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Hesiod: Volume I, Theogony. Works and Days. Testimonia (Loeb Classical Library No. 57N) Hardcover – February 14, 2007

ISBN-13: 978-0674996229 ISBN-10: 0674996224

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Hesiod: Volume I, Theogony. Works and Days. Testimonia (Loeb Classical Library No. 57N) + Hesiod: Volume II, The Shield. Catalogue of Women. Other Fragments. (Loeb Classical Library No. 503) + Homeric Hymns. Homeric Apocrypha. Lives of Homer (Loeb Classical Library No. 496)
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Product Details

  • Hardcover: 308 pages
  • Publisher: Harvard University Press (February 14, 2007)
  • Language: English
  • ISBN-10: 0674996224
  • ISBN-13: 978-0674996229
  • Product Dimensions: 4.2 x 0.9 x 6.4 inches
  • Shipping Weight: 8.8 ounces (View shipping rates and policies)
  • Average Customer Review: 4.7 out of 5 stars  See all reviews (7 customer reviews)
  • Amazon Best Sellers Rank: #367,493 in Books (See Top 100 in Books)

Editorial Reviews

Review

For a wider audience, especially in this era of resurgent environmental verse, the day of the rural seer and sage may finally have arrived. Glenn Most's splendid new bilingual volume is, therefore, timely...It offers readers and scholars alike the most reliable prose translation and the richest supplementary materials available. (Richard Martin New York Sun 2007-03-20)

In the stimulating introduction to his new Loeb Classics two-volume edition of Hesiod, Glenn Most makes the case that we, too, should admire Hesiod for his powerful and unified worldview...The vast questions that are addressed in these poems--the origins of the gods, the way the world works, the reasons why things are as they are--can be seen as the first rumblings of natural science, physics, philosophy, theology, medicine, autobiography, agriculture, law, even history and textual criticism...Hesiod is our oldest source for many of the best-known and best-loved stories of Greek mythology...The disturbing moral complexity of the Hesiodic poems is all the more reason why we should continue to read and study them...No other modern English translation includes the fragmentary works or the ancient testimonia. If you already have some familiarity with Hesiod's two best-known works and you want to know more about the rest of the Hesiodic corpus and about the ancient reception of this canonical figure, then Most's new Loeb books will be essential. Most makes various important corrections and improvements in his translation...We may look back to Hesiod's poetry as representative of a cultural Golden Age when it was possible for a single work of literature to encompass the whole of traditional 'wisdom': high and low, ancient and modern, philosophical and poetic, practical and metaphysical. Perhaps even our Age of Iron could learn from him. (Emily Wilson New Republic 2007-09-10)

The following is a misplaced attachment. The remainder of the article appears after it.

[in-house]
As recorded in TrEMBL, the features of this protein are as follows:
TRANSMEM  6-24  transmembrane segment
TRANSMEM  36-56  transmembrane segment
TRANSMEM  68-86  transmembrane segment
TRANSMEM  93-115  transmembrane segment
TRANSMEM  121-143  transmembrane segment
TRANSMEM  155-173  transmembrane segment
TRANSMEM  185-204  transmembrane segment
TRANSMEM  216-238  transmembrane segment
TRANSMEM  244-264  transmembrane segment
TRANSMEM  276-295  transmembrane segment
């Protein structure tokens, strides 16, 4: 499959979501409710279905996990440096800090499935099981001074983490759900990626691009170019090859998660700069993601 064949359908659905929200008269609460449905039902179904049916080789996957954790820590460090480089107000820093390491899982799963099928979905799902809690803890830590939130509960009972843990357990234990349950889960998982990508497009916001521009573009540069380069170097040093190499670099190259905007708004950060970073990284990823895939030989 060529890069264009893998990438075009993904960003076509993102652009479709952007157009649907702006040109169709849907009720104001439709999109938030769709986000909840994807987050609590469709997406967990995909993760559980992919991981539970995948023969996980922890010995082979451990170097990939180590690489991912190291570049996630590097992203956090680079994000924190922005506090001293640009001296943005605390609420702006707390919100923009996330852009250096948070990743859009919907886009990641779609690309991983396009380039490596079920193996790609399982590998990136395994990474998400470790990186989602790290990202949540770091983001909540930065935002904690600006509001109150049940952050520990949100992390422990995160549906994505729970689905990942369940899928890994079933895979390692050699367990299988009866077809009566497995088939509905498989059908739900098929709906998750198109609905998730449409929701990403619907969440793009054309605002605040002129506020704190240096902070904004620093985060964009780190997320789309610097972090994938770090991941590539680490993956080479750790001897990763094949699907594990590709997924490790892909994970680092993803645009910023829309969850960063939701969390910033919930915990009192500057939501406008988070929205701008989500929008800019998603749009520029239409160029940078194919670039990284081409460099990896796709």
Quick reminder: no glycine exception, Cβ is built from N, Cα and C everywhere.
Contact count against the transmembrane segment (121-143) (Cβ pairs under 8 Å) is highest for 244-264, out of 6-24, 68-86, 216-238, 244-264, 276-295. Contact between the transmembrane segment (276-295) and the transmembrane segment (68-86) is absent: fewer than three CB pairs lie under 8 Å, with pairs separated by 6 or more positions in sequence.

About the Author

Glenn W. Most is Professor of Greek Philology, Scuola Normale Superiore di Pisa, and Professor of Social Thought, University of Chicago.

Customer Reviews

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To fully understand other classics you need this and other books written during the period.
turntable
Reading "Testimonia" helped demonstrate the importance that the Greek and Latin writers placed on Hesiod's writings.
Bryan Kerr
This book contains the two most well-known works of Hesiod, "Theogony" and "Works and Days".
Doktor Faustus

Most Helpful Customer Reviews

10 of 10 people found the following review helpful By sibylla11 on November 16, 2010